Hiroshima Sweets

  Today I will talk about momiji manju in Hiroshima (momiji means maple leaves, and manju means traditional bun typically with red-bean jam inside). Momiji manju is a popular local cake among visitors to Hiroshima, and they buy the cakes in the gift box for sourvenior. I was not a big fan of Momiji manju until when I encountered a new "deep-fried" momiji manju yesterday. So I show a series of photos below to compare convensional vs. new momiji manju. I took these photos in Miyajima Island, Hiroshima yesterday (Day 2 of my Hiroshima trip).


  The photo below shows a traditional momiji manju with red-bean jam inside.

  Be warned that momiji manju does not use maple syrups or other maple-delived ingredients. Only the shape looks like a maple leaf which Hiroshima, especially Miyajima island, is famous for. I took the photo of the maple leaves below in Miyajima Island yesterday.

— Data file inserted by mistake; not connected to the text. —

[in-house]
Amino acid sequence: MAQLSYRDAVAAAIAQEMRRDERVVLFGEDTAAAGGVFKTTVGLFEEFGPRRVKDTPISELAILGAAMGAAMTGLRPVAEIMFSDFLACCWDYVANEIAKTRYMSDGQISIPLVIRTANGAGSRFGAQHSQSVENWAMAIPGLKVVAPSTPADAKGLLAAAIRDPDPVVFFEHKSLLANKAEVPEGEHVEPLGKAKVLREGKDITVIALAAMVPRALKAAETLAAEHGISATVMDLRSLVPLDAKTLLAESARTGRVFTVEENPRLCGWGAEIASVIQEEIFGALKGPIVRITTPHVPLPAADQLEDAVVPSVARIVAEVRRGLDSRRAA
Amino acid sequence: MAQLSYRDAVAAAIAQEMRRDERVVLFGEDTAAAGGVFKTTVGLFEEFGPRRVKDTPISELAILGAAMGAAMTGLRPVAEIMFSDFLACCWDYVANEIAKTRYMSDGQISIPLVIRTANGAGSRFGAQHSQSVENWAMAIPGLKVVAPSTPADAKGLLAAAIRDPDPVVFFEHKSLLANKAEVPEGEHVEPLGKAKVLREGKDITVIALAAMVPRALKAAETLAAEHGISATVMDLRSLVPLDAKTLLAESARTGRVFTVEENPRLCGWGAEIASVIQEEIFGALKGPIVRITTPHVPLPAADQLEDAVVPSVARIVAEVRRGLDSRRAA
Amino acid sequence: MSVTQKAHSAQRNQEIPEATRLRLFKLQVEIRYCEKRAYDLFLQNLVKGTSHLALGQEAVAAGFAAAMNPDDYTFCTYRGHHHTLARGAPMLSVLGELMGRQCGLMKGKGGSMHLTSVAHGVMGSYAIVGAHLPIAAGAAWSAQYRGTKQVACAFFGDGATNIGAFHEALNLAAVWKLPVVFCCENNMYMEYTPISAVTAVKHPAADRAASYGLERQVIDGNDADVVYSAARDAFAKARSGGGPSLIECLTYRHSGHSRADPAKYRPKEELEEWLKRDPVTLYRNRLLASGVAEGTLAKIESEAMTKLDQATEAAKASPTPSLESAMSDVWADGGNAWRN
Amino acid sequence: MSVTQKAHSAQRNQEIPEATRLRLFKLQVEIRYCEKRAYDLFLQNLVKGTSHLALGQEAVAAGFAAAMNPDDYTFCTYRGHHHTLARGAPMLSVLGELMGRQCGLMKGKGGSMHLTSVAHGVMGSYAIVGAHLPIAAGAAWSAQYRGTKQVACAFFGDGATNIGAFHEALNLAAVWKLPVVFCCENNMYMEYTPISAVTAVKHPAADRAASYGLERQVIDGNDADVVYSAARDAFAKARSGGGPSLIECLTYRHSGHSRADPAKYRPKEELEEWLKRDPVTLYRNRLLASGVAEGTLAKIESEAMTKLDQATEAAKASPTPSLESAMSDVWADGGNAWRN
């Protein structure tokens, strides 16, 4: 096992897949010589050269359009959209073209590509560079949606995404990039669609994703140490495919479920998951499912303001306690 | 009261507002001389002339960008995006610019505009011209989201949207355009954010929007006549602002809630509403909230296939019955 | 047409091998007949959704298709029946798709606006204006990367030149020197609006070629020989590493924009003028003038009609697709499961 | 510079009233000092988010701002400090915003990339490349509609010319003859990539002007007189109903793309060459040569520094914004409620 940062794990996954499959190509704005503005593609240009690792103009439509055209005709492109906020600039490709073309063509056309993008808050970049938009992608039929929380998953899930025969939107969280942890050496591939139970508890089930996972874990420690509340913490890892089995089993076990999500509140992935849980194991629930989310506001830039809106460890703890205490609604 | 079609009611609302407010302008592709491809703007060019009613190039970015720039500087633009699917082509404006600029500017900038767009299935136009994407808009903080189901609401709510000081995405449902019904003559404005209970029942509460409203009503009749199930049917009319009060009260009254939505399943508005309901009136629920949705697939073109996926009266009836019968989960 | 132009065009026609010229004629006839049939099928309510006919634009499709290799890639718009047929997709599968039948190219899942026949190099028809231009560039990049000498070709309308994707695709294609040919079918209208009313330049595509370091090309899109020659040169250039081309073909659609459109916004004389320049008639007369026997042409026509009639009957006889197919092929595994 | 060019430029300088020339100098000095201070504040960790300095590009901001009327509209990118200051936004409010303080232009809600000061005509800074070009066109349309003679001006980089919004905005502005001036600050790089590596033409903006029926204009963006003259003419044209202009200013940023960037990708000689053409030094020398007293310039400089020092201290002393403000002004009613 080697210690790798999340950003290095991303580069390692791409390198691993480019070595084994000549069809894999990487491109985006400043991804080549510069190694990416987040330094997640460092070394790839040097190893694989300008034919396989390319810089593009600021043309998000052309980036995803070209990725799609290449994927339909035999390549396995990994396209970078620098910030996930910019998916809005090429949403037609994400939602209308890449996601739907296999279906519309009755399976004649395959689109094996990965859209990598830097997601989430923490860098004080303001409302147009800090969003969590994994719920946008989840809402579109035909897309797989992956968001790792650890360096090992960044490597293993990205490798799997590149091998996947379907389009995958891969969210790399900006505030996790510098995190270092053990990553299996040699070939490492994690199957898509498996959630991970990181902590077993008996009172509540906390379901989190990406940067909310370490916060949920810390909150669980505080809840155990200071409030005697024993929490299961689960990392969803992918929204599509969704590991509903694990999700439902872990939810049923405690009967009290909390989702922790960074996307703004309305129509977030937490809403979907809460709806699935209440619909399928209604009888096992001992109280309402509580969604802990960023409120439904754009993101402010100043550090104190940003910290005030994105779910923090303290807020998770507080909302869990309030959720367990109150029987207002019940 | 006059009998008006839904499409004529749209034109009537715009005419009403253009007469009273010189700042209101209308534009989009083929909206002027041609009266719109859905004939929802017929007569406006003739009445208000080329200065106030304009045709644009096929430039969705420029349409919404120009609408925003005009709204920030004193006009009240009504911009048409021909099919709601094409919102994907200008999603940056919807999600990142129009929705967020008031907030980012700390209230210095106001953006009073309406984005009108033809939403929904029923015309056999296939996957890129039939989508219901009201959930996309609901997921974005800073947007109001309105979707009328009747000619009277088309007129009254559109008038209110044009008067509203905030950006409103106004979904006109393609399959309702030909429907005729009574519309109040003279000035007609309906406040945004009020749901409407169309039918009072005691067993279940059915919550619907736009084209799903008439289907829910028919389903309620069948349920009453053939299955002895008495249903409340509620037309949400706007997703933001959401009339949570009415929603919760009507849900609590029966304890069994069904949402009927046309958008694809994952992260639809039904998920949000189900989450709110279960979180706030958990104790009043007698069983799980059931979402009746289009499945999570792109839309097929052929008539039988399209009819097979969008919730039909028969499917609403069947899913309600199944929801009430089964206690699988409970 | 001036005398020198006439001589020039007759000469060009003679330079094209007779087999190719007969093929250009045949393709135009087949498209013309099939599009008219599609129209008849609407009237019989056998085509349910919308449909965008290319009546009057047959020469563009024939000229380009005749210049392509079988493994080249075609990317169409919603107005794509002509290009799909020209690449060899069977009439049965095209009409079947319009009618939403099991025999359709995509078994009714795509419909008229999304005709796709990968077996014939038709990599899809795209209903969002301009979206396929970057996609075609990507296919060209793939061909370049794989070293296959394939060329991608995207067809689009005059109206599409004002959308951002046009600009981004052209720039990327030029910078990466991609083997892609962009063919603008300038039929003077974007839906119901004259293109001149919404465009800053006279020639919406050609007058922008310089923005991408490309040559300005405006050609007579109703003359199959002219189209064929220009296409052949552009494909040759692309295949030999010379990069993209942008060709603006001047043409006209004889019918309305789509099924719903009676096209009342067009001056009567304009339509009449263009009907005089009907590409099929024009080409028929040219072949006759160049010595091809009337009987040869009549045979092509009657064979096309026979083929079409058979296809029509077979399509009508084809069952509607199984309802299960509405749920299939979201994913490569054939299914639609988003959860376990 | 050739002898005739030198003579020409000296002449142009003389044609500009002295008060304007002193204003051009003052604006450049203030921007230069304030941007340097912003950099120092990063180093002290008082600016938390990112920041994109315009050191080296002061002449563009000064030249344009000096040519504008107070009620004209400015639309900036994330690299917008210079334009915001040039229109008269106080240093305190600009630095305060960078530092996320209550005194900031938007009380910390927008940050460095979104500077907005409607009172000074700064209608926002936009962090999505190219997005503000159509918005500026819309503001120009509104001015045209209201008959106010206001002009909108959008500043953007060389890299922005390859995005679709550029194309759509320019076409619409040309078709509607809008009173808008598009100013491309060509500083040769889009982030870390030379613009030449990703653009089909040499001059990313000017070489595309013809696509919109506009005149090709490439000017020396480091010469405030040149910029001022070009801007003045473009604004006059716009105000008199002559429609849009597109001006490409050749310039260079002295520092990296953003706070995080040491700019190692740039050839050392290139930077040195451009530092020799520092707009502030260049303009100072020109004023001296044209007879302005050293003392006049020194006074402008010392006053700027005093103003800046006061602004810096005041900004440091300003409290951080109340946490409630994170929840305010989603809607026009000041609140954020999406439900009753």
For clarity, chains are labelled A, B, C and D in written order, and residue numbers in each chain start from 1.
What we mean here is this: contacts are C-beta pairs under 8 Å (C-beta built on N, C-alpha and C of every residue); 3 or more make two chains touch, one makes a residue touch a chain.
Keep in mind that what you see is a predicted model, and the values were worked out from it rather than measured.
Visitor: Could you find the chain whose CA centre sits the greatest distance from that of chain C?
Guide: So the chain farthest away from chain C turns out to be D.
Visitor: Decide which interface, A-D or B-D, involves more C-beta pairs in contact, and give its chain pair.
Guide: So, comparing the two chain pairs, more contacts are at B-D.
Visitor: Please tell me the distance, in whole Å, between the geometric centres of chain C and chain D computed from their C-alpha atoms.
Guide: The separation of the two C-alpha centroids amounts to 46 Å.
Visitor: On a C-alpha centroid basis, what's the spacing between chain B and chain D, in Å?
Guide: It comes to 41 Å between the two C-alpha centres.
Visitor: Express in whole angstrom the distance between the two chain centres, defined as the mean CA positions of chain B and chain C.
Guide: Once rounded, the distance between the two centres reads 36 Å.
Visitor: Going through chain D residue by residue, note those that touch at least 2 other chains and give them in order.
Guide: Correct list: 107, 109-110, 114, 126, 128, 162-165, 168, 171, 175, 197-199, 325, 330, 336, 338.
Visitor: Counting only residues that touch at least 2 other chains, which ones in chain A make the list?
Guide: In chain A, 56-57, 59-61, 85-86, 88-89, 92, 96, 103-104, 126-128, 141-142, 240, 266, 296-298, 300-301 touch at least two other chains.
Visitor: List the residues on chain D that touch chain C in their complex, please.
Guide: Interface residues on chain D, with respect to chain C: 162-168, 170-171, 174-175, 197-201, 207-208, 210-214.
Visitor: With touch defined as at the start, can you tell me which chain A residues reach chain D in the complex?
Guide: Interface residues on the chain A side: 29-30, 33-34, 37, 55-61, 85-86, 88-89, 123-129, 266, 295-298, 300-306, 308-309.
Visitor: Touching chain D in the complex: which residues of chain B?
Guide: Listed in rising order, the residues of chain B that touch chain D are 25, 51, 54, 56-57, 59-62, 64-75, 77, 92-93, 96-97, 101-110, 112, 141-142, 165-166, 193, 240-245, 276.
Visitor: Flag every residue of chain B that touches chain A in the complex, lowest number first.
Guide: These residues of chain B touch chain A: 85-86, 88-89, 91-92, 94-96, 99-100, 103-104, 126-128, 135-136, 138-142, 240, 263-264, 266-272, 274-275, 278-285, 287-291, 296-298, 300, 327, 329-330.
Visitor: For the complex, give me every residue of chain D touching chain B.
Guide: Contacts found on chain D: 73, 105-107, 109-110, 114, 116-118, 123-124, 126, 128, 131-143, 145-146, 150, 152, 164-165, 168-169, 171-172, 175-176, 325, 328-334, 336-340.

Over the past couple of decades or so, many variety of momiji manju appeared, typically with different kind of fillings (chocolate, maccha/green tea, fruit jams, etc.), and some of them still thrive today. The photo below shows mojimi manju with custard cream which my mom ordered.  

  Recently the popularity of momiji manju has substantially increased with the advent of age momiji (deep-fried maple leaf). It is sold in shops or stolls which serve freshly fried age momiji with a wooden bar sticking up. I bought one for myself (see photos below; my bro is holding my age momiji).  

  It was so yummy!!!! It was the best momiji manju I have ever had (I probably ate several hundreds of momiji manju in my life). It was way better than other momiji manju.  

  It is probably not suitable for survonir or gift; only the freshly fried, hot one tastes so good. The taste reminds me of freshly made Fried Bread of Navajo trives in Navajo Nation.